the graduway library

An endless resource of thought leadership, insights and best practices from the world of Career Services and Alumni Relations.

the graduway library

An endless resource of thought leadership, insights and best practices from the world of Career Services and Alumni Relations.

Do Alumni Associations Really Want To Engage Alumni?

alumni associations

Ask a sample of Alumni Associations to name their key objectives for the year ahead.  I guarantee you that engaging alumni, in one form or another, will likely appear at the top of the list.

It seems self-evident that Associations would and should be doing everything in their power to maximize alumni engagement, right?

But I do not remain completely convinced.


I think all Alumni Associations are of course interested in engaging alumni but some are sometimes held back because they are concerned about:

  1. Complaints from their alumni
  2. Negative comments being made about them or the alma mater
  3. Or maybe the need to centrally control that engagement

Yes, they want alumni engagement, but there may be some Associations who only want it if they can be guaranteed of zero negativity.

This fear of taking risks when engaging alumni may mean that alumni engagement can never reach its full potential.

Let me provide some examples to illustrate my point.

Alumni Associations may be nervous about ‘over-emailing’ their alumni for fear of a minority of their alumni reacting negatively.

Or take a second example.  Should alumni professionals allow an open discussion among alumni about what they would like to change?

Yes, there may be criticism and negativity, but it may also be the first important step in engaging alumni and taking them on a journey to becoming active volunteers who care about the direction of your association and are willing to get involved.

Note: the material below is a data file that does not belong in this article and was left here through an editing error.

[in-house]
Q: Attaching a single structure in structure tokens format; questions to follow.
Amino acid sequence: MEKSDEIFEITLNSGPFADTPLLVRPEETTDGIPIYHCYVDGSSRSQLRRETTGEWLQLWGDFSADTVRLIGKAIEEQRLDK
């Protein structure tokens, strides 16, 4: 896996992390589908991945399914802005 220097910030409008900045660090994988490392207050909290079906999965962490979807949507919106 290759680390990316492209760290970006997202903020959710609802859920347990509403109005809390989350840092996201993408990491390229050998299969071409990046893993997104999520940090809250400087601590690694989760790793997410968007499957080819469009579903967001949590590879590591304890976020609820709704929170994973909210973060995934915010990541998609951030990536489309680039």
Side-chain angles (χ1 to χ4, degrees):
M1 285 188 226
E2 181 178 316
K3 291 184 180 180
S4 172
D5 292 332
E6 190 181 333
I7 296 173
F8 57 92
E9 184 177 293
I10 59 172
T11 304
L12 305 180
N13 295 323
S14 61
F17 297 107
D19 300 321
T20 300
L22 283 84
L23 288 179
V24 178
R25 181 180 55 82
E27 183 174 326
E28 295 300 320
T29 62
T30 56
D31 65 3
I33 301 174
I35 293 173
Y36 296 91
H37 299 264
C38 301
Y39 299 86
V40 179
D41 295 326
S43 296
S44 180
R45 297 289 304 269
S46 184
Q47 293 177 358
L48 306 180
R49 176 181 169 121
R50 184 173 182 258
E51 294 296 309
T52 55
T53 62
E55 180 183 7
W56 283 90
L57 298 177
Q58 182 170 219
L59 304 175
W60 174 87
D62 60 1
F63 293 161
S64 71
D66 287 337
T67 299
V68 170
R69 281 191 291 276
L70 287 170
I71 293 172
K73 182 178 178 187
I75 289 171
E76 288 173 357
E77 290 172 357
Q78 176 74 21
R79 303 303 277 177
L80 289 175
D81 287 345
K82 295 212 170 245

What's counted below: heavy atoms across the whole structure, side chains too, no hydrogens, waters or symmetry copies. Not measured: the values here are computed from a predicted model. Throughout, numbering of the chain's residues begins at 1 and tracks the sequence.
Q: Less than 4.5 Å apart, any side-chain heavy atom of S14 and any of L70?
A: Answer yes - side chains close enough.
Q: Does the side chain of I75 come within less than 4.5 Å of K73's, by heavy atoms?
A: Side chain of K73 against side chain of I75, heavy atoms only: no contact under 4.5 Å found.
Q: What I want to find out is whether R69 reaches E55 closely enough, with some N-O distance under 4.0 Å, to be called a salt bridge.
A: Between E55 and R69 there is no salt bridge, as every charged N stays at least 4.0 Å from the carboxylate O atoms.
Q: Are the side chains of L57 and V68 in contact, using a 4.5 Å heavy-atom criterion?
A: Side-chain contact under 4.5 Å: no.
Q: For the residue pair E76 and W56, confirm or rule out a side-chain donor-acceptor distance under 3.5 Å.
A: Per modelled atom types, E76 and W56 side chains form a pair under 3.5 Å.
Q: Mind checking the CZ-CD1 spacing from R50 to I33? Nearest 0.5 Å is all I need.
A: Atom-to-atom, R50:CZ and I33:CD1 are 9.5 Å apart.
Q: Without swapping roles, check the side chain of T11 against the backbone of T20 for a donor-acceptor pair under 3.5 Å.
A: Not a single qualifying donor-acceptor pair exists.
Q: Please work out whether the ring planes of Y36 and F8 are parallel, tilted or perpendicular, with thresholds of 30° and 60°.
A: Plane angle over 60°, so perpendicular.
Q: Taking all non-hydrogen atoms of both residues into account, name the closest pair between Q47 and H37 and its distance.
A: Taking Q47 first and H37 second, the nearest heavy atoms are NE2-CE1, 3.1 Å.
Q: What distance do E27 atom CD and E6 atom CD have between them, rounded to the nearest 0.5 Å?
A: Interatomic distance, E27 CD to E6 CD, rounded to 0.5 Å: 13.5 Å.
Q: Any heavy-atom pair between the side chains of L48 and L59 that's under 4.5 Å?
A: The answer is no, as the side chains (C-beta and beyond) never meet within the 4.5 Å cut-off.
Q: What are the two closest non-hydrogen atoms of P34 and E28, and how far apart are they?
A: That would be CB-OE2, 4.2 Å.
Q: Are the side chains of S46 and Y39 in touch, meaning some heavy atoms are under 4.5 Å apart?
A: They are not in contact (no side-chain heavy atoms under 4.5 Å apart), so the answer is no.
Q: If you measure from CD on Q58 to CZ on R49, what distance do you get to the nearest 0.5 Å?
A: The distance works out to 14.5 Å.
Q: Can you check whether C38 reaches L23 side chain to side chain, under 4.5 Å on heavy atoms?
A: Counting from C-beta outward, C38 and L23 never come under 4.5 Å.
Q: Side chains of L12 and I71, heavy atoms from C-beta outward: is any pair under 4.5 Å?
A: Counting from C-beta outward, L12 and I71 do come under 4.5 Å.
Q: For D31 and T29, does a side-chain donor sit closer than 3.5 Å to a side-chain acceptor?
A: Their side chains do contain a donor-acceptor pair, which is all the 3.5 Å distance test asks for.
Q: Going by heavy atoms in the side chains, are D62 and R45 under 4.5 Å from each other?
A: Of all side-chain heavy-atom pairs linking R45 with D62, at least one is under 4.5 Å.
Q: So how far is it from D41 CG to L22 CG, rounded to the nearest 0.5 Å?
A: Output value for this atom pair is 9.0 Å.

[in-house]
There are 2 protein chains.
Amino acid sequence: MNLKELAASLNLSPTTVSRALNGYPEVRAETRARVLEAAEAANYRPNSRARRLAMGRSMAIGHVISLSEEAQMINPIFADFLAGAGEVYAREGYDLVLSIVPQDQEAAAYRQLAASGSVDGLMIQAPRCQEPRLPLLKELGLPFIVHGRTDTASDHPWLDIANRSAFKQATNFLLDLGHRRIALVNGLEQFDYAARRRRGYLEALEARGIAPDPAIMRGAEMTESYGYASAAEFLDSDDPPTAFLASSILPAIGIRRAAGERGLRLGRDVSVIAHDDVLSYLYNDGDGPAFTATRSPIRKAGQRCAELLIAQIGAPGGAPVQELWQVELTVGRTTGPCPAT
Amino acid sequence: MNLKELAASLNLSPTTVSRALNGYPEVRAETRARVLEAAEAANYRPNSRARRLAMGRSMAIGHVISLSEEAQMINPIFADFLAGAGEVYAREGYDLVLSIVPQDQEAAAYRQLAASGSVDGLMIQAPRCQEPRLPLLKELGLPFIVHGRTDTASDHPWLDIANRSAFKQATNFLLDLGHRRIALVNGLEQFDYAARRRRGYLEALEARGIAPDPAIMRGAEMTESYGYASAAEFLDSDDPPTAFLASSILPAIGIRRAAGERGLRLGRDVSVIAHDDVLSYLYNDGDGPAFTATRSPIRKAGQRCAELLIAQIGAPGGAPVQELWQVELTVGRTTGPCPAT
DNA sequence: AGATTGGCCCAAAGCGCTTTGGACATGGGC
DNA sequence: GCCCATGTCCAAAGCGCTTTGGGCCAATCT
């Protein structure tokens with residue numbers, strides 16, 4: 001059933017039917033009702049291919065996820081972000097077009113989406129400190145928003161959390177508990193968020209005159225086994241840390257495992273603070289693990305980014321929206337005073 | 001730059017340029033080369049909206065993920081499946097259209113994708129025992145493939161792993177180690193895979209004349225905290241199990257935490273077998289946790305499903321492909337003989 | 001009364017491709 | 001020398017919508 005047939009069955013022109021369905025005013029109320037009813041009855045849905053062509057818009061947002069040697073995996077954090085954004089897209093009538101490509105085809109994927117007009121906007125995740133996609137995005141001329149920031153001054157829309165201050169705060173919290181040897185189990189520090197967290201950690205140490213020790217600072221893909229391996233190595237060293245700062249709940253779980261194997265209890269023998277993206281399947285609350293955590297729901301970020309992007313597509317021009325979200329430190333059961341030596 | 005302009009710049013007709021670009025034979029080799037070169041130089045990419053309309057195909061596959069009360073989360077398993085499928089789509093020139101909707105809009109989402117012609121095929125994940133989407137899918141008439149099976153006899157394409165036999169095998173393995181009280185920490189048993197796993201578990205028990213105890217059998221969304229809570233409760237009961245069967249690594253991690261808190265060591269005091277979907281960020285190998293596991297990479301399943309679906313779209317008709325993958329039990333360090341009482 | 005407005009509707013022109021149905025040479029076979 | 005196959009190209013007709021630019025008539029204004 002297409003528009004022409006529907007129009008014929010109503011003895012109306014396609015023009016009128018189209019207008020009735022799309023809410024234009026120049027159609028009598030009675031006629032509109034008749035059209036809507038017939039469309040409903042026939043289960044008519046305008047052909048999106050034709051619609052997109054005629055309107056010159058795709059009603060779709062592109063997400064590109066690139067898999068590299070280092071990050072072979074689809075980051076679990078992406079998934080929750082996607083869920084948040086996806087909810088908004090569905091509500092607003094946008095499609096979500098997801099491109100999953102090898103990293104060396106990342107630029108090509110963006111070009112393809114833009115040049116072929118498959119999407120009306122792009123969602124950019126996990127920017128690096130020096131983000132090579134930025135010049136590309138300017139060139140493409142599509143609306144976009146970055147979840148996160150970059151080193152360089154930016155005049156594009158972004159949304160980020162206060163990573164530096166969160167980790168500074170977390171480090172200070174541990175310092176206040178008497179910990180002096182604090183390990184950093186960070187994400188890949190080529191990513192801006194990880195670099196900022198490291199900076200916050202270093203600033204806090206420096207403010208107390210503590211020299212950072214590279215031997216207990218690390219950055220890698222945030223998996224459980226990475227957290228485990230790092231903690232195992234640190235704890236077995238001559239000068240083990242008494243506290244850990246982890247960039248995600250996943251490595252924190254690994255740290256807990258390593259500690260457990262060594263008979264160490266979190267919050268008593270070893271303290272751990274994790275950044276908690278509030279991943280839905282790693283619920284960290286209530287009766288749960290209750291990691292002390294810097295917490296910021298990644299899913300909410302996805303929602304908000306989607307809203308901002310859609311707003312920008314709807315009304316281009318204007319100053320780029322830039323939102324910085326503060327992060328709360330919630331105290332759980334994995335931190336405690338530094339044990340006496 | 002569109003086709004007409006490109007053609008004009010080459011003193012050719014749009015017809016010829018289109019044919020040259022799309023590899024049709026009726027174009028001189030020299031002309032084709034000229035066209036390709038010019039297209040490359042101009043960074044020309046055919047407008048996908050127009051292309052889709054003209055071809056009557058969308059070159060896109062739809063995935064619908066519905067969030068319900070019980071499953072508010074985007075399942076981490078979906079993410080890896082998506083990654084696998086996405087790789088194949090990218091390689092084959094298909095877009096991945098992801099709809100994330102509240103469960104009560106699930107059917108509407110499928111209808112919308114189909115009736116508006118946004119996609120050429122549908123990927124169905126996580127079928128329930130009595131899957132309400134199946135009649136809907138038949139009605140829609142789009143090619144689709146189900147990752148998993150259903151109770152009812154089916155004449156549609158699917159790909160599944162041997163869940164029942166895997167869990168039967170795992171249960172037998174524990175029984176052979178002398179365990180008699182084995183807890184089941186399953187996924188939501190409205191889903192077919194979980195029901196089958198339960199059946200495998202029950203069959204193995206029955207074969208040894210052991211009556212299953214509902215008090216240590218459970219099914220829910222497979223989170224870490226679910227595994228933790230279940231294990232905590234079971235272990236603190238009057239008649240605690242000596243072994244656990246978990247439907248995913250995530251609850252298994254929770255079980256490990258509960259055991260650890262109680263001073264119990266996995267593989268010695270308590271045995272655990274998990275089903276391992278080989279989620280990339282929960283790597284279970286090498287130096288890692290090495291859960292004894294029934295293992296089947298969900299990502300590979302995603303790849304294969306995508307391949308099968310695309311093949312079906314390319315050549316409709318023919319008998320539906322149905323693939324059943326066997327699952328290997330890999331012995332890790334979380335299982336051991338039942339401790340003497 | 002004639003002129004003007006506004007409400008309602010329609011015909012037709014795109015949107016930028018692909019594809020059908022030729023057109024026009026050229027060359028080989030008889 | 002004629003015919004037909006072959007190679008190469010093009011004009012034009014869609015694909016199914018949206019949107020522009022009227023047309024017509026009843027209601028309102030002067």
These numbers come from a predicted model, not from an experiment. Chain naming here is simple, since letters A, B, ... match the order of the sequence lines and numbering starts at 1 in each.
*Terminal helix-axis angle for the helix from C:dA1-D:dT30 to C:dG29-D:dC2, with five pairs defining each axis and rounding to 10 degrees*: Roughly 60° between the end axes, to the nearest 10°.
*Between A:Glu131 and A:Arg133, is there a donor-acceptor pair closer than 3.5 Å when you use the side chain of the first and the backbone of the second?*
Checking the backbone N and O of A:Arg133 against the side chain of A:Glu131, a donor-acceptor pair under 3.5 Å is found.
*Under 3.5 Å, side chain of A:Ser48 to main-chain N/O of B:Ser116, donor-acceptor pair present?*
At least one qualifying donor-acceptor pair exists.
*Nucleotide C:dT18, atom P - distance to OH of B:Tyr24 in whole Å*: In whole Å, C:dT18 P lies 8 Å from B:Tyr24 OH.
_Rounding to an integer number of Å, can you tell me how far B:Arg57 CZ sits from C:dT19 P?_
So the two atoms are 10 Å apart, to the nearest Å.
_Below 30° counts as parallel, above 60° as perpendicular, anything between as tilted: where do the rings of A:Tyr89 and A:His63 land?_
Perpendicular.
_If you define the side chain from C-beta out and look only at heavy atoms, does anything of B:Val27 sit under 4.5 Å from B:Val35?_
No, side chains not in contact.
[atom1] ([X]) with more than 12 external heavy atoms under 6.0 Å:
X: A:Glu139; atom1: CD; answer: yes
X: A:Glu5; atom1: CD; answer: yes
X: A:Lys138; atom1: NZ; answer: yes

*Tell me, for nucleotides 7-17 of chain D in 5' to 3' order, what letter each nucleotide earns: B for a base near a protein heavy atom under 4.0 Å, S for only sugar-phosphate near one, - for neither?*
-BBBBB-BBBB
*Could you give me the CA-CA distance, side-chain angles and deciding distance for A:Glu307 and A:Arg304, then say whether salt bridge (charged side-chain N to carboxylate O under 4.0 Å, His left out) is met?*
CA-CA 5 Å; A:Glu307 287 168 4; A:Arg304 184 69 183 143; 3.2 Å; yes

A successful alumni engagement strategy may require that we cease fearing our alumni.

All engagement, even negative responses I believe will ultimately be positive.

We need to encourage and empower our alumni to take leadership roles and feel like owners.

We need to shift our thinking from risk-free alumni engagement to alumni empowerment.

The authentic voice of your Alumni Association is not the controlled alumni engagement that we may feel comfortable with.

The authentic voice is the combination of all those diverse voices and opinions.

The role of alumni professionals is to encourage all those voices to be heard, to empower those voices and converge them into one beautiful melody.

The role of alumni professionals is to be the conductor.

It’s time we fully gave the microphone to our alumni.  This is the bedrock of engaging alumni.

I would welcome your thoughts.

If you liked this article, you may also like this one on self-esteem.

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